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GED Physics Note [Waves]

Waves
Wave is the transferring of energy from one point to another point in the result of disturbance of the
particles in the medium. For example, sound waves, infrared heat, television, mobile phone and
radio waves are reaching us constantly.
There are two types of waves. Transverse Waves and Longitudinal Waves.
Transverse waves:
Those waves in which particles of the medium vibrate at right angle to the direction of motion of the
wave are called transverse waves. For example: Water waves, light, radio and all other
electromagnetic waves.

Transverse waves can be produced with the help of spring as shown below.

Longitudinal Waves :
Those waves in which particles of the medium vibrate along the direction of motion of the wave are
called longitudinal waves. For example: Sound waves. Longitudinal waves in terms of wavefronts can
be shown as:

Longitudinal wave consists of compressions and rarefactions.

Medium is a matter through which waves can move. Generally there is focus on air, water (shallow
and deeper), and glass as medium. Electromagnetic waves do not need any medium or material to
travel, they can pass through vacuum or space. Atoms or molecules of the medium are considered as
particles of the medium, which are responsible for the transferring of energy during the motion of
the wave.
Wavefront
It is the locus of all those points which have the same phase of vibration. OR It is a moving line that
joins all the points on the crest of a wave.
Wavelength
In case of transverse waves, it is the distance between two adjacent crests or troughs.
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Prepared by
Shahadat Hussain Parvez
GED Physics Note [Waves]

In case of longitudinal waves, it is the distance between two points of maximum compression or the
distance between two points of minimum rarefaction. The S.I. unit of wavelength is meter (m).
Wavelength in terms of compressions and rarefactions can be shown as below.

Common features of Wave:


o All the waves have the repeating pattern or shape.
o All the waves carry energy without moving material along.
o All the waves have wavelength, frequency, amplitude and time period.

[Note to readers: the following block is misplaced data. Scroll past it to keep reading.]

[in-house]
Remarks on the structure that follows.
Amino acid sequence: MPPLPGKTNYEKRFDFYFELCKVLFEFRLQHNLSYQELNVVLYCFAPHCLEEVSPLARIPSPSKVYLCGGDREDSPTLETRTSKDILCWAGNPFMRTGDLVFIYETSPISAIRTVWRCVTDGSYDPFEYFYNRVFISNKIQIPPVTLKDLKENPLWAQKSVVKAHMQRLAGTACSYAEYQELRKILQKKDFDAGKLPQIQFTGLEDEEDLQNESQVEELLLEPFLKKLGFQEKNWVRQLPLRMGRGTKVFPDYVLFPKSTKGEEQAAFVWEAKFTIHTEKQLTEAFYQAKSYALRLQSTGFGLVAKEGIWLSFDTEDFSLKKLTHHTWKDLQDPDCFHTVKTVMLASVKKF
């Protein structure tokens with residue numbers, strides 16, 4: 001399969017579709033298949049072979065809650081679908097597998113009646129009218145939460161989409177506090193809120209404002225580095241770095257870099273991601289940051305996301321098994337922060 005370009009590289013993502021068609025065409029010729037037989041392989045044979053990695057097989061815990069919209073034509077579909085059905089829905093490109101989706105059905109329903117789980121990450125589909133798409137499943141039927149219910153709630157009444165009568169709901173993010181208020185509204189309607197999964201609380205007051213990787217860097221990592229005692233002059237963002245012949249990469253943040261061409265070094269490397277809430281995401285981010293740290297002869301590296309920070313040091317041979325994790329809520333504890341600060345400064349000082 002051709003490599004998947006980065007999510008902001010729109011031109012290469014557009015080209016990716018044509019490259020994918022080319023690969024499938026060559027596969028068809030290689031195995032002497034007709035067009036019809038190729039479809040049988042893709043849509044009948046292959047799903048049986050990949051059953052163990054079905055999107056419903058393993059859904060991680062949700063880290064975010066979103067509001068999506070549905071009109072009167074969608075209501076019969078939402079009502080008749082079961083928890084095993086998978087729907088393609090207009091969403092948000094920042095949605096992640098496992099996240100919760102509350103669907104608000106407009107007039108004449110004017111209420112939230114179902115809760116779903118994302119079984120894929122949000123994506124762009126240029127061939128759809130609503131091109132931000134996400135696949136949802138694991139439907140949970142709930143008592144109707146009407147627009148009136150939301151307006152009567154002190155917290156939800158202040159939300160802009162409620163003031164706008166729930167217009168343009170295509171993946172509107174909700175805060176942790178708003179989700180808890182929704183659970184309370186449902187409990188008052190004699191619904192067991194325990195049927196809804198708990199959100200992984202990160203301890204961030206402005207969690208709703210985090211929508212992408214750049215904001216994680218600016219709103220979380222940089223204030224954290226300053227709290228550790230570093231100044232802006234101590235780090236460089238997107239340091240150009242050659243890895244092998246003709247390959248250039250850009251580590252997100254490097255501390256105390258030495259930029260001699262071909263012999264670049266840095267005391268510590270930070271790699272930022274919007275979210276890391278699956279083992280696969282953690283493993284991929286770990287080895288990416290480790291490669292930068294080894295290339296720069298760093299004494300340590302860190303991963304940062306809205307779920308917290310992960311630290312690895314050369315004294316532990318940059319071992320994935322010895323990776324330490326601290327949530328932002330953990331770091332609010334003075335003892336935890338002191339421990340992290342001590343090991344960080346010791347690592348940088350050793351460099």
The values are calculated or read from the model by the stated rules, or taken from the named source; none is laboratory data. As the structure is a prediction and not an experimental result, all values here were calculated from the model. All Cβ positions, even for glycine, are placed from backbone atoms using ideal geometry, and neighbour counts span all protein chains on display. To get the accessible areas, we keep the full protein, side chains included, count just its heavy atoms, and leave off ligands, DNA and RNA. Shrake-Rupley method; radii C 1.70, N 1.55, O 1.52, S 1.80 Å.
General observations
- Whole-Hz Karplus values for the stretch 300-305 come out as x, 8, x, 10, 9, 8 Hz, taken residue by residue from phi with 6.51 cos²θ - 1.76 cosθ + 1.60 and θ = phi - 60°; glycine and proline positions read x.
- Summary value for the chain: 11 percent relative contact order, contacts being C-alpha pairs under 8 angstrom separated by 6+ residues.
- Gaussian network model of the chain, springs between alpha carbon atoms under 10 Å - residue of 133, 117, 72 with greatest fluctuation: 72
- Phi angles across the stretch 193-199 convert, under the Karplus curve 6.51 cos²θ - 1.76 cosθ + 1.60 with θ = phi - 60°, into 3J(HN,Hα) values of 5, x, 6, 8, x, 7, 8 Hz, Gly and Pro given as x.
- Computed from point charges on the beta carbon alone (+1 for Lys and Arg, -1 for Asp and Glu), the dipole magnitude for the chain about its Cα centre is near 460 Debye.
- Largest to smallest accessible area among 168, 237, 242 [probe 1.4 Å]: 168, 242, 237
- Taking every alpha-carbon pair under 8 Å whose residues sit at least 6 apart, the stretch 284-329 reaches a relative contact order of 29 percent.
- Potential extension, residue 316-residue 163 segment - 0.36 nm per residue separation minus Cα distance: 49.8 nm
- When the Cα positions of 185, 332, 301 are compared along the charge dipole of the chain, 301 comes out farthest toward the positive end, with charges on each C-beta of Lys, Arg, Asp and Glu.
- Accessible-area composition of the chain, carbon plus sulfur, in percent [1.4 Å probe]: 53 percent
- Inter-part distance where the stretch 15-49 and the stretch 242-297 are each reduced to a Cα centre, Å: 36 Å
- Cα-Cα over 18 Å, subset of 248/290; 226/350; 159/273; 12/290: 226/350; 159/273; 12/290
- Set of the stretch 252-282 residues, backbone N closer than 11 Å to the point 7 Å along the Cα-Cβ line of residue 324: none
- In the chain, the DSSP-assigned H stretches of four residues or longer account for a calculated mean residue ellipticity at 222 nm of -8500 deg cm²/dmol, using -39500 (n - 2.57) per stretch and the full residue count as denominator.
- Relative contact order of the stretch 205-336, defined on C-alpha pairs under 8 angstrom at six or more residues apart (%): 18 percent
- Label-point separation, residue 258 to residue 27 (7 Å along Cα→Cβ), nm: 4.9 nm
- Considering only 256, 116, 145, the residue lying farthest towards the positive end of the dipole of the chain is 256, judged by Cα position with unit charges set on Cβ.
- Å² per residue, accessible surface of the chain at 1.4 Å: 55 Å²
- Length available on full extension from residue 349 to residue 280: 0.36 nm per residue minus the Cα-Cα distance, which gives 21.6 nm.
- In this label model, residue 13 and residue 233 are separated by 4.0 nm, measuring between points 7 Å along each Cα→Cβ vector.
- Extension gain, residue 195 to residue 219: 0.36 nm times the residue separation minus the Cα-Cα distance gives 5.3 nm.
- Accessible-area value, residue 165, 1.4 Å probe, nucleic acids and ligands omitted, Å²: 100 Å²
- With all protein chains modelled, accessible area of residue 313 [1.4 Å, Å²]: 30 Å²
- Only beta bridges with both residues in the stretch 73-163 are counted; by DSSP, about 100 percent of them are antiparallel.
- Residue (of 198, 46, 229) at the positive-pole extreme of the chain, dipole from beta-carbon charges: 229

o The speed of the wave depends on the medium, in which it is travelling.

Amplitude is the maximum displacement of the particle in the medium from the central position.
The S.I. unit of amplitude is meter (m).

Time period is the time taken by the wave to pass through any point. It is represented by T. Its unit is
second(s). Time period and frequency of the wave are closely linked by the relation f=1/T or T=1/f
Speed of the wave is the distance covered by the wave in one second. The speed of the wave in a
given medium is always constant. The speed of the wave (v), frequency (f) and wavelength () are
related by the relation V=f Speed of the wave is usually measured in meter/second (m/s)

Electromagnetic Spectrum - The electromagnetic spectrum describes the various types of


electromagnetic radiation based on their wavelengths.

Radio Waves: Radio is at the weak end of the spectrum, with low energy and long wavelength. Its
used for transmission of data, via modulation. Television, mobile phones, wireless networking and
amateur radio all use it.
Microwaves: Microwaves come next. They can cause entire molecules to resonate. This resonance
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causes water to move rapidly and enables the microwave oven to cook food. Uses include
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Microwave communication links (Radio and television); Microwave cooking, Radar communication

Prepared by
Shahadat Hussain Parvez
GED Physics Note [Waves]

Infra-red Radiation: The next category is infra-red. This makes chemical bonds resonate. When a
chemical bond resonates, the vibrations add internal energy to the molecule. The molecule becomes
hot. The bulk substance becomes hot when its molecules bonds are all resonating. When you touch